Be Who You Are

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Introducing Teddy
Jessica Walton and Dougal MacPherson
Bloomsbury Children’s Books
There’s been a fair bit about gender identity and transitioning in the media of late; finally it has become more acceptable: now here is a picture book on the theme. It’s subtitled ‘A story about being yourself’ and this is what it celebrates: something that is of vital importance to us all, whoever we are. Equally it’s a celebration of friendship and in particular the friendship between Thomas the teddy and his pal, Errol who play together every day.

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One day though, Teddy seems sad. Errol hopes a trip to the park will cheer him up …
but even the swing doesn’t work its usual magic. “What’s wrong, Thomas? Talk to me!” Errol urges.

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And reluctantly Thomas explains. “I need to be myself … In my heart, I’ve always known that I’m a girl teddy, not a boy teddy. I wish my name was Tilly, not Thomas.” Like the true friend that he is, Errol assures his pal that no matter what, Teddy and henceforward Tilly, is his friend. And when another friend, Ava arrives on the scene, Errol introduces the re-named Tilly to her. After minor adjustments to her adornments, Tilly joins the others in a session of swinging, see-sawing and generally enjoying being themselves …

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Tenderly told and empathetically portrayed with just the right degree of gentle humour, this is a book to share with young children at home or in school.

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Colin and Lee Carrot and Pea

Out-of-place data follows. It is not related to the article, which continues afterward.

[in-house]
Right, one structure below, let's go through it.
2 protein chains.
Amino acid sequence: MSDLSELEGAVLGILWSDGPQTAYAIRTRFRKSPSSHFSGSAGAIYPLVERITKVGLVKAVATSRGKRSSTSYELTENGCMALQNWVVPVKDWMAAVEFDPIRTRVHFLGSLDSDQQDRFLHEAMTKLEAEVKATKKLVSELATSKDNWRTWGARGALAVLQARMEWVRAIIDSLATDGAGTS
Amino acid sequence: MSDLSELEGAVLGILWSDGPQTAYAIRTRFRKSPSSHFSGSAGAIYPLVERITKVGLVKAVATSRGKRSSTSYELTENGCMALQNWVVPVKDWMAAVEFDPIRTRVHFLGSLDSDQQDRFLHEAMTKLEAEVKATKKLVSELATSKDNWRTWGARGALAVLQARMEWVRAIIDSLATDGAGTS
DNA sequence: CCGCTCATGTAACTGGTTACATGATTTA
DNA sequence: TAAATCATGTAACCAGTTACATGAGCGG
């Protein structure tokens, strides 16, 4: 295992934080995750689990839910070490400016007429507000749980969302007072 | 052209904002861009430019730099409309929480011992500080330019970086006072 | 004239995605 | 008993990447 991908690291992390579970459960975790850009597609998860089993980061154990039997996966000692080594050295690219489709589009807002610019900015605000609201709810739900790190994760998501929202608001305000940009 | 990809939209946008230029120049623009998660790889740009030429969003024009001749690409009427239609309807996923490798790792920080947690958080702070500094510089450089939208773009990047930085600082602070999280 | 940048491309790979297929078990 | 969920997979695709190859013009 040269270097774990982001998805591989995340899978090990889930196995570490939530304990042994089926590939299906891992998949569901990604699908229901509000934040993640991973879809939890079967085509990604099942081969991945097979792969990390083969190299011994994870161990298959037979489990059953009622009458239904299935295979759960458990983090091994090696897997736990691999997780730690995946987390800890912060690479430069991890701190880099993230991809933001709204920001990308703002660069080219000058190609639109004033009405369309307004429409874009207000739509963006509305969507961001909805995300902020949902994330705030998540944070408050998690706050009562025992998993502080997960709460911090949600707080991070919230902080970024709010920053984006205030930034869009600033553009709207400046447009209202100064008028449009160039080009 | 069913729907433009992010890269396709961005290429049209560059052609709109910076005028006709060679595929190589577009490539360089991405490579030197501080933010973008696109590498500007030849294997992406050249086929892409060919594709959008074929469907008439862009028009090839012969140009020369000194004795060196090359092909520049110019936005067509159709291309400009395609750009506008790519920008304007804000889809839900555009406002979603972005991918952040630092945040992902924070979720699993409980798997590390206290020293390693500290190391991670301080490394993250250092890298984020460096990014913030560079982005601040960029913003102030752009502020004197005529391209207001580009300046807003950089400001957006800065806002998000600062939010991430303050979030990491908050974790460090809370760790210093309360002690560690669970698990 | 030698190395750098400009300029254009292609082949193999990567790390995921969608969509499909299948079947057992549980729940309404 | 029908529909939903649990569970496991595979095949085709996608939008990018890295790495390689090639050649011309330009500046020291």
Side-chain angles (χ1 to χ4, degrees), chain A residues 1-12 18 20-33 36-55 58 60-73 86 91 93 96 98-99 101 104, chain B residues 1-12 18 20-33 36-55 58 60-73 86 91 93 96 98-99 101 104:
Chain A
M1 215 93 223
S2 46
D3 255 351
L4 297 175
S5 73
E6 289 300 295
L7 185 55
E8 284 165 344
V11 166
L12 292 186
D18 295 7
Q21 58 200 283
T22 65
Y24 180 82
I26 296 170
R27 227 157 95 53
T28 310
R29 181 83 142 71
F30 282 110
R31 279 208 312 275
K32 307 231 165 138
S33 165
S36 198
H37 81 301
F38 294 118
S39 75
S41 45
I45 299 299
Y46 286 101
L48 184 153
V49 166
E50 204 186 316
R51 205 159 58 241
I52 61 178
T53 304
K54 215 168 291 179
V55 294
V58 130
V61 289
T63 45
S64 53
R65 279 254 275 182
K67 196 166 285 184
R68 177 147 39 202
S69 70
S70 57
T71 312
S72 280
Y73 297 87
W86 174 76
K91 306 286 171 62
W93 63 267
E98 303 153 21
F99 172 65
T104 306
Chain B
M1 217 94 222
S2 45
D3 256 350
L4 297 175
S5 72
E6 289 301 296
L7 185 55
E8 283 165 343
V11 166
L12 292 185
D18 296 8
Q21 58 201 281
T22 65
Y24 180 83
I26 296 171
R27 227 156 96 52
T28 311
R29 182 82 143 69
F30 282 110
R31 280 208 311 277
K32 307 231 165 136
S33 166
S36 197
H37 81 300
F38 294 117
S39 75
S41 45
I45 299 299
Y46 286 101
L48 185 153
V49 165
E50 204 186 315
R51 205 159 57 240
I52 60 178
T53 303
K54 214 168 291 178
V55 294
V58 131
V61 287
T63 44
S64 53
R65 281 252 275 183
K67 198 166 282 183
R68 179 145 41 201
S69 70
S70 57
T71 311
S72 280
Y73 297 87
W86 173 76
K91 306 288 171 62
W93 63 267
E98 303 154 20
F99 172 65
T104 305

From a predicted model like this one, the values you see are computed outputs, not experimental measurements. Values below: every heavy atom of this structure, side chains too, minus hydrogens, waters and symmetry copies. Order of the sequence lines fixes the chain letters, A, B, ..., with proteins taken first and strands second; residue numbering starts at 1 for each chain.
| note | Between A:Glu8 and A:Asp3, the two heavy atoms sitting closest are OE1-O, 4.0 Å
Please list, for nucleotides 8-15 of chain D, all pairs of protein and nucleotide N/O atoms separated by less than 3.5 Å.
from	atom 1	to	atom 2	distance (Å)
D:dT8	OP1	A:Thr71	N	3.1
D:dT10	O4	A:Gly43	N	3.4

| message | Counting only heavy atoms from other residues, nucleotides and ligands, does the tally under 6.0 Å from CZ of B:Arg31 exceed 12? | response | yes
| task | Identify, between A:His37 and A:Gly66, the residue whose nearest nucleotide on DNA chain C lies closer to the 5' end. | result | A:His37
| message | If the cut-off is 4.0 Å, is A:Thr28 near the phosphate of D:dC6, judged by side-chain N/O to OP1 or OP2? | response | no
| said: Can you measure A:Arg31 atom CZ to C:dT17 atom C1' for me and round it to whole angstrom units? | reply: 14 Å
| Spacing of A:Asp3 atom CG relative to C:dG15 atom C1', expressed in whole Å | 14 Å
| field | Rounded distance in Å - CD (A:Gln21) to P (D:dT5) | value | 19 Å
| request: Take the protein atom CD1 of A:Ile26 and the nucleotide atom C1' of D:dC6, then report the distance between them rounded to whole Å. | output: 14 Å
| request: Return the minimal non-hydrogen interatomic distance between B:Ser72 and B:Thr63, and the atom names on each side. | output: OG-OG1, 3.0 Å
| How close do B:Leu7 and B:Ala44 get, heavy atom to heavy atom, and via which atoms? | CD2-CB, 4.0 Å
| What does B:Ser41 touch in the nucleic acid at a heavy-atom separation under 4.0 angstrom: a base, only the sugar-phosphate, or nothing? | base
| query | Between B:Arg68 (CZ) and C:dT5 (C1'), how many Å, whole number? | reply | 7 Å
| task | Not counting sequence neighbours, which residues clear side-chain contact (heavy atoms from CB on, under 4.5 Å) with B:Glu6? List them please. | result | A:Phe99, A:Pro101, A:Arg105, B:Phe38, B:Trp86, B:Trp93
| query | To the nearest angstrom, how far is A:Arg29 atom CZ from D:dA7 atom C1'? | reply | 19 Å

Morag Hood
Two Hoots
Lee is a small green pea; Colin isn’t. Unlike all Lee’s other pals, Colin is a tall carrot stick. They’re close friends despite the fact that Colin isn’t any good at rolling, bouncing …

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or playing hide and seek with the other peas. He does however make a superb tower as well as …

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all of which combine to make him a smashing individual to have as a friend: those unique carroty characteristics are what count where friendship is concerned.
In this quirky celebration of individuality, Morag Hood – with her unlikely characters – brings a fresh spin on uniqueness and being yourself, whatever you are. I love the fact that she created her funny collage and paint pictures with the help of supermarket plastic bags. A great debut; I eagerly anticipate what comes next.
As well as being a great book to share in an early years setting, the simplicity of the text makes it ideal for beginning readers: they surely deserve unique books not dull, uninspiring fodder.

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